Discord Logoo

Discord is upping the ante for its store. To compete with the plethora of new and available gaming platforms, the company has announced that developers will soon get a better split of profits than what Steam or others can offer.

Earlier this month, Epic Games joined the digital gaming platform trend, offering its own store for Fortnite and…other games, I suppose. Epic is banking on drawing the attention of developers, mainly indie game developers, by allowing them to earn more revenue per sale. Developers earn 88 percent of revenue, while Epic itself pockets the remaining 12. If a developer made a game using the Unreal Engine, Epic will also pay for the 5 percent royalty that comes with selling the game on Steam. 

Discord Art
Discord fights back to earn more developers.

More Is Better?

Discord, however, promises to give even more. Today at its blog, Discord announced that developers will earn a 90/10 split for selling games at its store. While it is only 2 percent more than Epic’s offer, I doubt many indie devs will snub their noses at the news that they can earn a whopping 90 percent of revenue by jumping over to Discord.

No matter what size, from AAA to single person teams, developers will be able to self publish on the Discord store with 90% revenue share going to the developer,” Discord wrote on its blog. “The remaining 10% covers our operating costs, and we’ll explore lowering it by optimizing our tech and making things more efficient.”

Thus, the developer war has begun. It’ll be interesting to see how things progress from here. Epic Games might fire back with more boons for experienced and fledgling developers. Valve…probably won’t do anything. To get down to brass tacks, Steam is still the champion of champions when it comes to digital game distribution. The other platforms have a long way to go before Valve has to sweat about anything. Discord has already been touting the features for its own store, what with its Nitro subscription service and community support.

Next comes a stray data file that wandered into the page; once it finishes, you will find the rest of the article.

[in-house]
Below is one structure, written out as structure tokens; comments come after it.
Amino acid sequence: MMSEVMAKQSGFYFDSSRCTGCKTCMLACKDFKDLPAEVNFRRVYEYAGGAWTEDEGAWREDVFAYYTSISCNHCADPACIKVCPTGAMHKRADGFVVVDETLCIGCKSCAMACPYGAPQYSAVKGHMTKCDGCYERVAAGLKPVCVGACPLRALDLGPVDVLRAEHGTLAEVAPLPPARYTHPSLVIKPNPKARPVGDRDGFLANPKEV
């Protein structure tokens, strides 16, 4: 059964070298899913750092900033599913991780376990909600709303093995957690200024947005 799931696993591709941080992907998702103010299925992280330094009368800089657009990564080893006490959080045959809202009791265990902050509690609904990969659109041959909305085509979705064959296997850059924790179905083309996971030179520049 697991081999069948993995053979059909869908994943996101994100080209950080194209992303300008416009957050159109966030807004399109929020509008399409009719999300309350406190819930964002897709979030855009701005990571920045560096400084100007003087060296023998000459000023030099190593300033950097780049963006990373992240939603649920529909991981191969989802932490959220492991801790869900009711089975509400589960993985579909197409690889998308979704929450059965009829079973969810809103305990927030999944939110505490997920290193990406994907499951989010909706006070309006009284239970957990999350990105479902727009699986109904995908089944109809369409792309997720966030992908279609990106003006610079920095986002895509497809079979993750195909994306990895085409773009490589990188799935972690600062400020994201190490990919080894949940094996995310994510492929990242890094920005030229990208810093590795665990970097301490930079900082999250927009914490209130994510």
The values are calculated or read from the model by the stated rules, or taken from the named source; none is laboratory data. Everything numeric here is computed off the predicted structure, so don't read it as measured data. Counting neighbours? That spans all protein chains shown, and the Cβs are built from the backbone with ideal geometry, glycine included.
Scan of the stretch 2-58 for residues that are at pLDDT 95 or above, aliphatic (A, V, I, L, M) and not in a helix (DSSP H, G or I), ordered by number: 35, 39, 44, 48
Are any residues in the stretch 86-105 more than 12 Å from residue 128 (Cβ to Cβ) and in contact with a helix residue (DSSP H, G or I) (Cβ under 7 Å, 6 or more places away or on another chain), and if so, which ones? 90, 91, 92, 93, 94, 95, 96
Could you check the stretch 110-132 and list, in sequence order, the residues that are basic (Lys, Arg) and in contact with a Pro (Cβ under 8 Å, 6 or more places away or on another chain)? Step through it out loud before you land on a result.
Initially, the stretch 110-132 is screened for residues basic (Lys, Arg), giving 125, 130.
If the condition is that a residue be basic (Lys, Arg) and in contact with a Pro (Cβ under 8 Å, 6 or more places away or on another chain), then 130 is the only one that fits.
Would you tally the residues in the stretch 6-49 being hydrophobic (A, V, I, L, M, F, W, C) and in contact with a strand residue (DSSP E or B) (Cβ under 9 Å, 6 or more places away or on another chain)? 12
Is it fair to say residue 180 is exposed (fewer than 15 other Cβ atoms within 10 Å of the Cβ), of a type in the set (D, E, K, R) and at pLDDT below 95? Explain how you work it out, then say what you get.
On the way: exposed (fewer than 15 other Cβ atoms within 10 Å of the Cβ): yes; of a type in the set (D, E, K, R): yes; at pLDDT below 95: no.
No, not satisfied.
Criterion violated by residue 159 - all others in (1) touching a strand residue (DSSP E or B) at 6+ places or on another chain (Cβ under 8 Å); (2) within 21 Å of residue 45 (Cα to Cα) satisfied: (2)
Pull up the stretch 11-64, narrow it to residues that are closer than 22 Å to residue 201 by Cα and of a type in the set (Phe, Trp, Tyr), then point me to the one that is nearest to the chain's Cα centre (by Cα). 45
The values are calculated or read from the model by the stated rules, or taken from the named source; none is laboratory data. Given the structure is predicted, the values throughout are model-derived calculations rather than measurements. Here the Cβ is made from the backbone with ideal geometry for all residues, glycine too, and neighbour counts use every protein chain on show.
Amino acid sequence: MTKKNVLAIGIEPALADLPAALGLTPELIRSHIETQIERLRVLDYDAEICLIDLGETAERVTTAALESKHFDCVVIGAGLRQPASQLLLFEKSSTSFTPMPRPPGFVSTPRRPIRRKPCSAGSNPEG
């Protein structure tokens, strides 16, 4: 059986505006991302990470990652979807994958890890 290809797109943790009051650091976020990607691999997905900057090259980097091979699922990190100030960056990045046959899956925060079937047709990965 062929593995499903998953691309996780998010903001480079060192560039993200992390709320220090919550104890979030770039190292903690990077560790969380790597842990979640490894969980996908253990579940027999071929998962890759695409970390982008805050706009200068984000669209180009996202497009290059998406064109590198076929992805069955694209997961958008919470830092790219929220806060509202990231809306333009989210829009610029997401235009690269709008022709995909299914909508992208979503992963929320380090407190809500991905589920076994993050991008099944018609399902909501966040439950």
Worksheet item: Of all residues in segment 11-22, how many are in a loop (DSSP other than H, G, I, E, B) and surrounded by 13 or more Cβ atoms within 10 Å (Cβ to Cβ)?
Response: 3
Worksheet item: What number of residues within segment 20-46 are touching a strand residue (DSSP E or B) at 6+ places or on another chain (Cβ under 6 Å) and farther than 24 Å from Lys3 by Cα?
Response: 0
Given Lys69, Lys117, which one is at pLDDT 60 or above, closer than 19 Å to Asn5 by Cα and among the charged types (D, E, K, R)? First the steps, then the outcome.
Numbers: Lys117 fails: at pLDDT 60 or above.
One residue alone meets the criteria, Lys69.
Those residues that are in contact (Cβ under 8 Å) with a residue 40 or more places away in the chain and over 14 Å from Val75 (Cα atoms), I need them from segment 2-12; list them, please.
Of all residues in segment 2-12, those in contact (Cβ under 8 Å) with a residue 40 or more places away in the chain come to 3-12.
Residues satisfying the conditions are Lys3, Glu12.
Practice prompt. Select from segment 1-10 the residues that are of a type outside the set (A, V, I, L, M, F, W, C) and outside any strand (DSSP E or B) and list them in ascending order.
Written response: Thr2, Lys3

Still, it’s a good deal for developers looking to earn the most from their work. It’s still too early to say just how effective this announcement will be on the long term. In the end, it usually boils down to exclusives, but if Discord is able to snag more games early on in this fight, it could see a lot of good things coming its way.

Cameron Woolsey
Cam has been shooting for high scores since his days playing on the Atari 2600. Proud member of the Blue Team during the first console war, and has more Sonic paraphernalia than he cares to admit.

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